Tuesday, February 22, 2011

Jefferson's Books

I posted really quickly yesterday when I saw the announcement, but I thought I'd follow up today with more information. This article from Monticello has much more information. What are some of the books that Washington University has?
Among the Jefferson treasures at WUSTL are architecture books used by Jefferson to design the University of Virginia. Two of these volumes, Freart de Chambray’s Parallele de l'architecture antique avec la moderne and Andrea Palladio’s Architecture de Palladio, contenant les cinq ordres d'architecture, are referenced by Jefferson in his designs for the pavilions on the Lawn, and contain a few notes and calculations in Jefferson’s hand. Another three-volume set, Francesco Milizia’s Principj di architettura civile, is the work Jefferson received from Joseph Coolidge when he first met his future grandson-in-law at Monticello in May 1824. The first volume of this work contains Joseph’s inscription to Jefferson. We also held in our hands a Greek edition of Aristotle’s Politica, which Nicholas P. Trist (who was married to Virginia Randolph, Jefferson’s granddaughter) notes was among the last books Jefferson read just before his death on July 4, 1826.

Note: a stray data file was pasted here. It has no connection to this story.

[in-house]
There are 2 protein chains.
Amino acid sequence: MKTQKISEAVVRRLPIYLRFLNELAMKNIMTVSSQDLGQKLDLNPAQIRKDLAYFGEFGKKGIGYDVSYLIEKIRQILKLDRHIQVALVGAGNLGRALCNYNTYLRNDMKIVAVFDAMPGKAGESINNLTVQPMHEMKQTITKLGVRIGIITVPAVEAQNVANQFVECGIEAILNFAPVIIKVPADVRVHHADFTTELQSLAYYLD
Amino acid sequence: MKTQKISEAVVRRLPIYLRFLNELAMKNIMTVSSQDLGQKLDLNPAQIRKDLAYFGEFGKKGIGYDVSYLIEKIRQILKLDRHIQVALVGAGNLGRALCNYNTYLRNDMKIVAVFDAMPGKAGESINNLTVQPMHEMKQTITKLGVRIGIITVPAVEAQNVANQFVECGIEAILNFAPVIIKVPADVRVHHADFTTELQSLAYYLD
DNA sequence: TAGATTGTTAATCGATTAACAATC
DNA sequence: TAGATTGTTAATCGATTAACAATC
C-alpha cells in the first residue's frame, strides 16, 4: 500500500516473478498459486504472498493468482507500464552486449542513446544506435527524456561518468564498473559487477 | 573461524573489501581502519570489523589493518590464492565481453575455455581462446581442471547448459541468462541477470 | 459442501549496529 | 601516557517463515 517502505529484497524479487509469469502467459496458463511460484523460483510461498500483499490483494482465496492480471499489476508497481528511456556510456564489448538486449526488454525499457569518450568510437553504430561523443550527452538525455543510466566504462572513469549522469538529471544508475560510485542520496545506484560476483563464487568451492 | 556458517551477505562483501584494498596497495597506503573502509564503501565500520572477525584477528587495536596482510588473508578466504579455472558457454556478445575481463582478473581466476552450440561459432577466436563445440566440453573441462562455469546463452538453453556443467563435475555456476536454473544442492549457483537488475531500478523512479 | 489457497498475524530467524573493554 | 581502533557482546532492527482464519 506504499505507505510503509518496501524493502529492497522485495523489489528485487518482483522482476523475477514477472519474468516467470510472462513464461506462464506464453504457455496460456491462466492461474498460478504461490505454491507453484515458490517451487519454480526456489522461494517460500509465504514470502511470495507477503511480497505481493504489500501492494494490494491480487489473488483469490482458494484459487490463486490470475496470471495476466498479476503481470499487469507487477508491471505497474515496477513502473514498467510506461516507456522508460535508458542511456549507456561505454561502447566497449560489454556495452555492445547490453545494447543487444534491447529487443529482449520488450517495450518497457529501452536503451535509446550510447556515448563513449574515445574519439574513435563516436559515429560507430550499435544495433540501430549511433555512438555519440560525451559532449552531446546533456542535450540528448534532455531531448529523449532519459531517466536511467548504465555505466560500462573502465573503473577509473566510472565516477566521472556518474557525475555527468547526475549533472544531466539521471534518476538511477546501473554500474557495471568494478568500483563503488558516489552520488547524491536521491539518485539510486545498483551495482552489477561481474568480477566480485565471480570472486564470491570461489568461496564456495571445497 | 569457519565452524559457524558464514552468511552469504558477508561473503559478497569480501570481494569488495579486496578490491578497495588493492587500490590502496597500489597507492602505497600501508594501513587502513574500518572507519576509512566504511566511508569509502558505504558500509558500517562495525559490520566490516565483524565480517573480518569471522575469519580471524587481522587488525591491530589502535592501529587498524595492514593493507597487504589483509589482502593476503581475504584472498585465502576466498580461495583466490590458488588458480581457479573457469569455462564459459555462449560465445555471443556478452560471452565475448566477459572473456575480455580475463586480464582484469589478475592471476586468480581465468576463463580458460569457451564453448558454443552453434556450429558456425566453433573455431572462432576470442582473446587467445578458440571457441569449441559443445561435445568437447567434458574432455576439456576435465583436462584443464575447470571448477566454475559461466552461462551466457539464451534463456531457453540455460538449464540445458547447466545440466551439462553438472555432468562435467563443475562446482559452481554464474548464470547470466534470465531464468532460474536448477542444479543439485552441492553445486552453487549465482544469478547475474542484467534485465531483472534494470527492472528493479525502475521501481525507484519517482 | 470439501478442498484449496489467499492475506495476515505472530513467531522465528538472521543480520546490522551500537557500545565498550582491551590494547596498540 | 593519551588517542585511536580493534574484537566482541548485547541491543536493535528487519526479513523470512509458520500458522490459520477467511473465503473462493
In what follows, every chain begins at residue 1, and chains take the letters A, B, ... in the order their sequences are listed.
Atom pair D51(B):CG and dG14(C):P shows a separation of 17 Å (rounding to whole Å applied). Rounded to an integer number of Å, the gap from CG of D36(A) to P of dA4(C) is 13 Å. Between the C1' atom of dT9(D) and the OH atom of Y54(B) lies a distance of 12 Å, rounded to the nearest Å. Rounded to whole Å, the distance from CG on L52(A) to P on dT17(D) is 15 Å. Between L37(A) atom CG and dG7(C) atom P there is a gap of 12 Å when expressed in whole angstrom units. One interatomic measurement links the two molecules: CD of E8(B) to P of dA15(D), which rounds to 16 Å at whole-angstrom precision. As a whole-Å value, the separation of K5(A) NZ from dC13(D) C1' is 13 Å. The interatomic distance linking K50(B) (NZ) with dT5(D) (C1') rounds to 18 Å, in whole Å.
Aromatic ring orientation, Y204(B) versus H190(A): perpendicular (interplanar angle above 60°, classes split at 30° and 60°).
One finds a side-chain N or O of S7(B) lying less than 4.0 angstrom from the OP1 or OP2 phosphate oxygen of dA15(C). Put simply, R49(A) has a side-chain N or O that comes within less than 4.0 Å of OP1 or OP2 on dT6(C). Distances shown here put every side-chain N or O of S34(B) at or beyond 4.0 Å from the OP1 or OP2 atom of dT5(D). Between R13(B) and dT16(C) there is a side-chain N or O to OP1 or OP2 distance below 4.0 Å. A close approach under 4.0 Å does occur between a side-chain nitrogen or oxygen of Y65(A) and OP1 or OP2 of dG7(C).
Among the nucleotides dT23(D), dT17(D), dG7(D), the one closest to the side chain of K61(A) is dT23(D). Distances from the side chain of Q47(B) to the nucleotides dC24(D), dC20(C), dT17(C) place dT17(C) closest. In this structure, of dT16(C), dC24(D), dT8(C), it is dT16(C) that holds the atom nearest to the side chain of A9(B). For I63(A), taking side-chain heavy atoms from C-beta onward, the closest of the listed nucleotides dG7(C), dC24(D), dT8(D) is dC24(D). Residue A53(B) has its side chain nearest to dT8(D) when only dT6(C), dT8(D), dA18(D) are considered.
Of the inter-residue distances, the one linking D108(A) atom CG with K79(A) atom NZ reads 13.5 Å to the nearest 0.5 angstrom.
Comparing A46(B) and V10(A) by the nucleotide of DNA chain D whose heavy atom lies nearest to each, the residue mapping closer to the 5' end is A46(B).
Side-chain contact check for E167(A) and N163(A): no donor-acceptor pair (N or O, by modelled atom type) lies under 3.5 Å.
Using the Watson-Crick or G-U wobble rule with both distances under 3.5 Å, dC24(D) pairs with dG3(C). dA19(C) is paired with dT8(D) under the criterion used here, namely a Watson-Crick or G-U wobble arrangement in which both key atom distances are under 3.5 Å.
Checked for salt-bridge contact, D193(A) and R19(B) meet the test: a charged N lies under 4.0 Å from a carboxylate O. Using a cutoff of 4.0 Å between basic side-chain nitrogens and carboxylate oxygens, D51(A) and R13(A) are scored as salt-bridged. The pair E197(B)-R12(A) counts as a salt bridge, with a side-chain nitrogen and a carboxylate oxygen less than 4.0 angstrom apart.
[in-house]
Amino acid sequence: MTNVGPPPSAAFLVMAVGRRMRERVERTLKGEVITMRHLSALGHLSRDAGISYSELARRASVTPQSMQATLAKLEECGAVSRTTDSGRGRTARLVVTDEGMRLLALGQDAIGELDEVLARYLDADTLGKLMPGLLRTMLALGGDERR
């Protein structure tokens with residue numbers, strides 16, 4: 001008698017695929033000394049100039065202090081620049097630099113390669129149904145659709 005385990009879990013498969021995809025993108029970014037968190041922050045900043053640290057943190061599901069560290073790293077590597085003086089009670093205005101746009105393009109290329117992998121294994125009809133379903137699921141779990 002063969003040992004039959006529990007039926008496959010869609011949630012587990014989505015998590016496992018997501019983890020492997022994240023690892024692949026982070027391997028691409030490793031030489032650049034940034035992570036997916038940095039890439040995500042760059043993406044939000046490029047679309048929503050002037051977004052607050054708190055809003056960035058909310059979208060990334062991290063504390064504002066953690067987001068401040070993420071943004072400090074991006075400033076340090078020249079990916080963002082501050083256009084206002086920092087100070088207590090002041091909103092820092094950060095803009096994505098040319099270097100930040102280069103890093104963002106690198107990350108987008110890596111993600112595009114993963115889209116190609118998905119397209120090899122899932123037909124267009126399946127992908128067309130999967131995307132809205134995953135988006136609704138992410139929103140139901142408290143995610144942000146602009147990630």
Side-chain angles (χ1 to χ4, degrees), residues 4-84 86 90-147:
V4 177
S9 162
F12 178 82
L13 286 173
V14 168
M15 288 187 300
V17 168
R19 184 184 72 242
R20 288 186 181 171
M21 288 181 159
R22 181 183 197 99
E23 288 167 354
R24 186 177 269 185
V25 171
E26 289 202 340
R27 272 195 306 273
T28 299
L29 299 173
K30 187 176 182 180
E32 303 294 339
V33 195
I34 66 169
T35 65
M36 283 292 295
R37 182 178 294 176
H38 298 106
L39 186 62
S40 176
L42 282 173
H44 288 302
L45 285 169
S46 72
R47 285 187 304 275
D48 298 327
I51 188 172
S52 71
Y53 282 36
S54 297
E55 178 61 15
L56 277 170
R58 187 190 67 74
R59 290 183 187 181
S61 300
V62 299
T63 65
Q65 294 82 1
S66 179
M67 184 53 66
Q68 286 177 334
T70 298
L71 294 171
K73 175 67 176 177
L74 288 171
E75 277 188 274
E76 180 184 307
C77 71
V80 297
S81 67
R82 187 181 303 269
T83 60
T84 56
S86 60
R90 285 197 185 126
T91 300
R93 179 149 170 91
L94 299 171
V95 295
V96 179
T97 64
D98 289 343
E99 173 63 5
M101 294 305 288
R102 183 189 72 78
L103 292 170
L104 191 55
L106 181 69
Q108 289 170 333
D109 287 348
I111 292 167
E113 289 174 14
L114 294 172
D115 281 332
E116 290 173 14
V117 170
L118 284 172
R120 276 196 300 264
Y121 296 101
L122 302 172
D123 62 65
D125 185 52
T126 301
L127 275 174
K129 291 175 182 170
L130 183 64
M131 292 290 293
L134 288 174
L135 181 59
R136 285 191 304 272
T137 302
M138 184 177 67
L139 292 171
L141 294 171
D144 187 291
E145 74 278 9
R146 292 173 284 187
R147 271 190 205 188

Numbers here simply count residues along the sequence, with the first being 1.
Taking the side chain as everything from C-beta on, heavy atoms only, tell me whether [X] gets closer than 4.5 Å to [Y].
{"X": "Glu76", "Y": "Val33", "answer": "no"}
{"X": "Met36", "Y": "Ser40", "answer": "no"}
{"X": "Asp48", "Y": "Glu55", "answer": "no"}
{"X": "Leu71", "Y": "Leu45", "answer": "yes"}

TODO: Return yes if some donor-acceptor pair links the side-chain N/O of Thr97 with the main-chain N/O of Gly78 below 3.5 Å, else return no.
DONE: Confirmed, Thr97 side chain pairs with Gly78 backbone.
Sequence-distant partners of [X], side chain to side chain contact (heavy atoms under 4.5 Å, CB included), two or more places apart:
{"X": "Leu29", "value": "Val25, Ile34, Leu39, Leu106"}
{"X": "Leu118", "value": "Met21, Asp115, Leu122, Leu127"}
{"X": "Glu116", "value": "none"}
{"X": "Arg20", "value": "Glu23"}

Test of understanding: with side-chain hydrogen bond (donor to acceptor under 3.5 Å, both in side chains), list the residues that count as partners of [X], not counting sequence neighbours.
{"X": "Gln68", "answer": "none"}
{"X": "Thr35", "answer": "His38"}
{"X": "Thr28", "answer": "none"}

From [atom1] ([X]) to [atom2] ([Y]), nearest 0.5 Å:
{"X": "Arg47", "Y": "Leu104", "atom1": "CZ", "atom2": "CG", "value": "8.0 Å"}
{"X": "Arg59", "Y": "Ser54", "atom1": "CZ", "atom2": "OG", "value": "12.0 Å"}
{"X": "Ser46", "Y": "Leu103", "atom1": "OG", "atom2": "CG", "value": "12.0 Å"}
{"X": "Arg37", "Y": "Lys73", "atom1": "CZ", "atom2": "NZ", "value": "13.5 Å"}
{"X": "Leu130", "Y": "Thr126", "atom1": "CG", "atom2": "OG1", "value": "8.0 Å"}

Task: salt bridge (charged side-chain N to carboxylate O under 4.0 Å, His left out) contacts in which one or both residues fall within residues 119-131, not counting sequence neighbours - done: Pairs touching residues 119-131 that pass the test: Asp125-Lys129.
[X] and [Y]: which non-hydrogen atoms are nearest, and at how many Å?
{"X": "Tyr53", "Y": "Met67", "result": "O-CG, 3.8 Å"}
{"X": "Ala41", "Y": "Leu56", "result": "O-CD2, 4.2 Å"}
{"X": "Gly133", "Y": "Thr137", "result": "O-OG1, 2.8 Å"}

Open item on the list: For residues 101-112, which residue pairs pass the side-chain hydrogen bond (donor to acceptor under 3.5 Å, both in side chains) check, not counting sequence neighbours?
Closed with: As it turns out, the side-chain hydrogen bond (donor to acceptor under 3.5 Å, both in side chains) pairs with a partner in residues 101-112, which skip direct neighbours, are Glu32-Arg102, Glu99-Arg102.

How were these books discovered after sitting in the Washington University library so long unnoticed?
The books were discovered by International Center for Jefferson Studies scholar Ann Lucas Birle, who found an article from 1880 that noted that the Coolidge family donated their library to Washington University. She shared this information with her colleague Endrina Tay, who has been tracking down all of the books Jefferson owned, read and recommended during his lifetime.

At Washington University, rare books curator Erin Davis and assistant archivist Miranda Rectenwald tracked down the books donated by the Coolidge family, which since had been dispersed among the library’s holdings, with the help of a ledger dating to the turn of the 20th century that catalogued the collection.

Tay, who is building a publicly accessible inventory of Jefferson’s libraries, was able to authenticate the books by identifying the presence of Jefferson’s distinctive handwritten ownership mark in these books: Before the “I” in a book’s signature, Jefferson would add a capital “T”. After the “T” in a book’s signature, he would add a capital “I.”

Jefferson used an “I” instead of a “J” because, in early printed books, the letters “I” and “J” were considered different forms of the same letter.

This makes Washington University the third largest holder of Jefferson books! For fun, here's my post from several years ago on my trip to Monticello.

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